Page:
As events unfold globally and more personally, I have been reflecting a lot lately on the meaning of courage. And I’ve wondered, “How does courage manifest itself in teaching and learning?” I offer here a few reflections on some of the many instances of courage I have observed in learners and teachers.
In the fall, as I was teaching, I was struck by my students’ courage as they tried to adopt the language of a new discipline, and as they worked to make connections among ideas that they were just learning about, knowing they would be evaluated on these.
I was humbled by students’ willingness to admit when they did not understand something.
I was touched by their willingness to share personal struggles, such as loneliness, physical pain, mental distress, (likely) with the hope that these revelations would be met with a human response.
I was grateful for their efforts to analyze deeply their personal experiences and draw relevant connections to the material we were studying.
I was amazed at the student who had been so sick for over a week, but who came to class after a sleepless night because she didn’t want to miss our last day of class.
There are so many ways, too, in which we demonstrate courage as teachers:
by infusing our selfhood into our course material – teaching “who we are” and how we think, sometimes to many hundreds of students at a time
by trying instructional strategies we have never tried, with the hope that they will help student learning
by admitting that we don’t have the answer to a student’s question
by opening up the class to discussion, when we’re not quite sure in what direction the discussion will take us
by sharing an article or chapter that we’ve written as part of the course readings
by gathering with a group of our peers to work on our teaching and course design.
What instances of courage come to mind when you think about teachers and teaching, learners and learning? What do we/can we do individually and collectively to en-courage each other and ourselves in teaching and learning?
Author Parker J. Palmer offers a wonderful perspective on courage in teaching in his book, “The Courage to Teach”.
Whenever I talk with instructors here about how my job is to support them in their writing and communication instruction, I hear some version of the same response: “My students are brilliant, but they can’t write a sentence to save their lives!” No matter whom I’m talking to, regardless of discipline, job title, teaching experience, linguistic background, educational background, or teaching load, nearly everyone has the same anxieties around the role of communication in their courses. But I’m always glad to have the chance to talk about these concerns. If you’re one of those instructors I’ve talked with about teaching writing and communication in your discipline, you’ve probably seen my eyes light up as I eagerly launch into my spiel about the research on teaching writing and communication across the curriculum.
Most often we approach the design of our main course elements – intended learning outcomes (ILOs), formative and summative assessments, and teaching and learning activities – by turning to Bloom’s Taxonomy (and most frequently the cognitive domain) to help us determine the appropriate level of thinking required and to help us express that accurately in our descriptions.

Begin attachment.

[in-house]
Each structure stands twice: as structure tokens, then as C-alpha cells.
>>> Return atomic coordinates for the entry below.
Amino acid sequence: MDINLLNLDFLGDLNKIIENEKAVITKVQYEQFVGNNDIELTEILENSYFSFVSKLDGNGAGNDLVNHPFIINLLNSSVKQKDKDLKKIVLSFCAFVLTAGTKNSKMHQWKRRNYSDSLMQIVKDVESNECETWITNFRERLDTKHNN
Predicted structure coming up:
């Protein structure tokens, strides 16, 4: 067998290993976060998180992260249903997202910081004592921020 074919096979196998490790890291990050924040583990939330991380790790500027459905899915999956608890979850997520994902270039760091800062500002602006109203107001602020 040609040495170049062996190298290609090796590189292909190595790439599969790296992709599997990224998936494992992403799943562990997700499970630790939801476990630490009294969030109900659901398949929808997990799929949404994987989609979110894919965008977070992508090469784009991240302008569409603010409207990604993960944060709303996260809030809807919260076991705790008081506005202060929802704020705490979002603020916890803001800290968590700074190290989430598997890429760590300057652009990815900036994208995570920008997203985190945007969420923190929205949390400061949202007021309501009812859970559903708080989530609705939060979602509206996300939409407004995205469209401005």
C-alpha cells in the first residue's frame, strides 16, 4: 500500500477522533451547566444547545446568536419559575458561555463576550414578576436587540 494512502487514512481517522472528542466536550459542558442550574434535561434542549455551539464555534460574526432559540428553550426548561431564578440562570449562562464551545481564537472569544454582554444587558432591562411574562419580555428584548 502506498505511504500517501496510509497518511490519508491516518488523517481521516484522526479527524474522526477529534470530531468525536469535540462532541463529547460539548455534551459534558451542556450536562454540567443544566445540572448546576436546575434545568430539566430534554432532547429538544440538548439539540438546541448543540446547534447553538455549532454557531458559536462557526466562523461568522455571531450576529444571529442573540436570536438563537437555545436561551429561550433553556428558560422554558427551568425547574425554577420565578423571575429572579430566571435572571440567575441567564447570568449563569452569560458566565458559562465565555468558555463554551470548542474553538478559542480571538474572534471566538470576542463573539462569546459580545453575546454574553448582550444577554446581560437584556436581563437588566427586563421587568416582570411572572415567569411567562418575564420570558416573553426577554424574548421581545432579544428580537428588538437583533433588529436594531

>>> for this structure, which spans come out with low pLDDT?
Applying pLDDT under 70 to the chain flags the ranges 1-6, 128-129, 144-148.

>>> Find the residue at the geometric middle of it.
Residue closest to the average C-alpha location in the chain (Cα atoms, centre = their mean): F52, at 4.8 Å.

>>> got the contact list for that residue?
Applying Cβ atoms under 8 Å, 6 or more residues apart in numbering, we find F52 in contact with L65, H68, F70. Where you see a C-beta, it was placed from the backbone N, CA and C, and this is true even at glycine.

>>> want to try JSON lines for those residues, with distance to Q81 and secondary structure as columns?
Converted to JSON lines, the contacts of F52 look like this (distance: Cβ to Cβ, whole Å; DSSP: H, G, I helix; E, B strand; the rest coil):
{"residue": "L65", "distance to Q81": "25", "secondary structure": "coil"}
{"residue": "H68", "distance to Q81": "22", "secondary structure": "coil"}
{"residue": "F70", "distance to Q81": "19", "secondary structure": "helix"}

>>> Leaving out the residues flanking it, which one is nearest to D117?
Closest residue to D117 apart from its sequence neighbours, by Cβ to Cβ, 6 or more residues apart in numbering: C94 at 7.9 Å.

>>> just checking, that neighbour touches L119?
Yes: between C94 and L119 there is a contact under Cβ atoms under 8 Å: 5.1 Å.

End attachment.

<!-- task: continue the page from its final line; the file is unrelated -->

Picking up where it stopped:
After working in graduate student programming at CTE for the past three years, this term I collaborated with Donna Ellis, CTE Director, on a SSHRC-funded project involving eight other Canadian universities. The project is developing and validating survey tools (the Teaching Culture Perception Survey) to measure indicators of institutional teaching culture. You can find out more about the project here.
Having an opportunity to reflect on my brief time with CTE is a most welcomed development. Not only for those interested in CTE, but for myself, this chance to pause and consider all that has transpired within my introductory entry into the world of CTE has been, quite frankly, remarkable. I’ve only just wrapped up my first term as a GID (Graduate Instructional Developer), though the wealth of experiences makes it feel as though I’ve been here much longer (and I mean that in the best way possible). Firstly, I suppose a bit of preamble is in order before we get ahead of ourselves… Continue reading Teaching teaching to (future) teachers – Joseph Buscemi
I am an Online Learning Consultant (OLC) at the Centre for Extended Learning at the University of Waterloo. As OLCs we pride ourselves on a scholarly approach to course design and, as such, 20% of my time is allotted to research. One of the research projects that I began in Winter 2016 is a case study examination of a blended learning opportunity jointly offered by Wilfrid Laurier University and UOIT. In this case, not only did I have the opportunity to conduct research, but also to teach and contribute design changes to the course being researched. Both the research and teaching dimensions of this experience have been invaluable, greatly enhancing my perspective as an instructional designer. Continue reading A case study of a new approach to a blended course — Meagan Troop, Centre for Extended Learning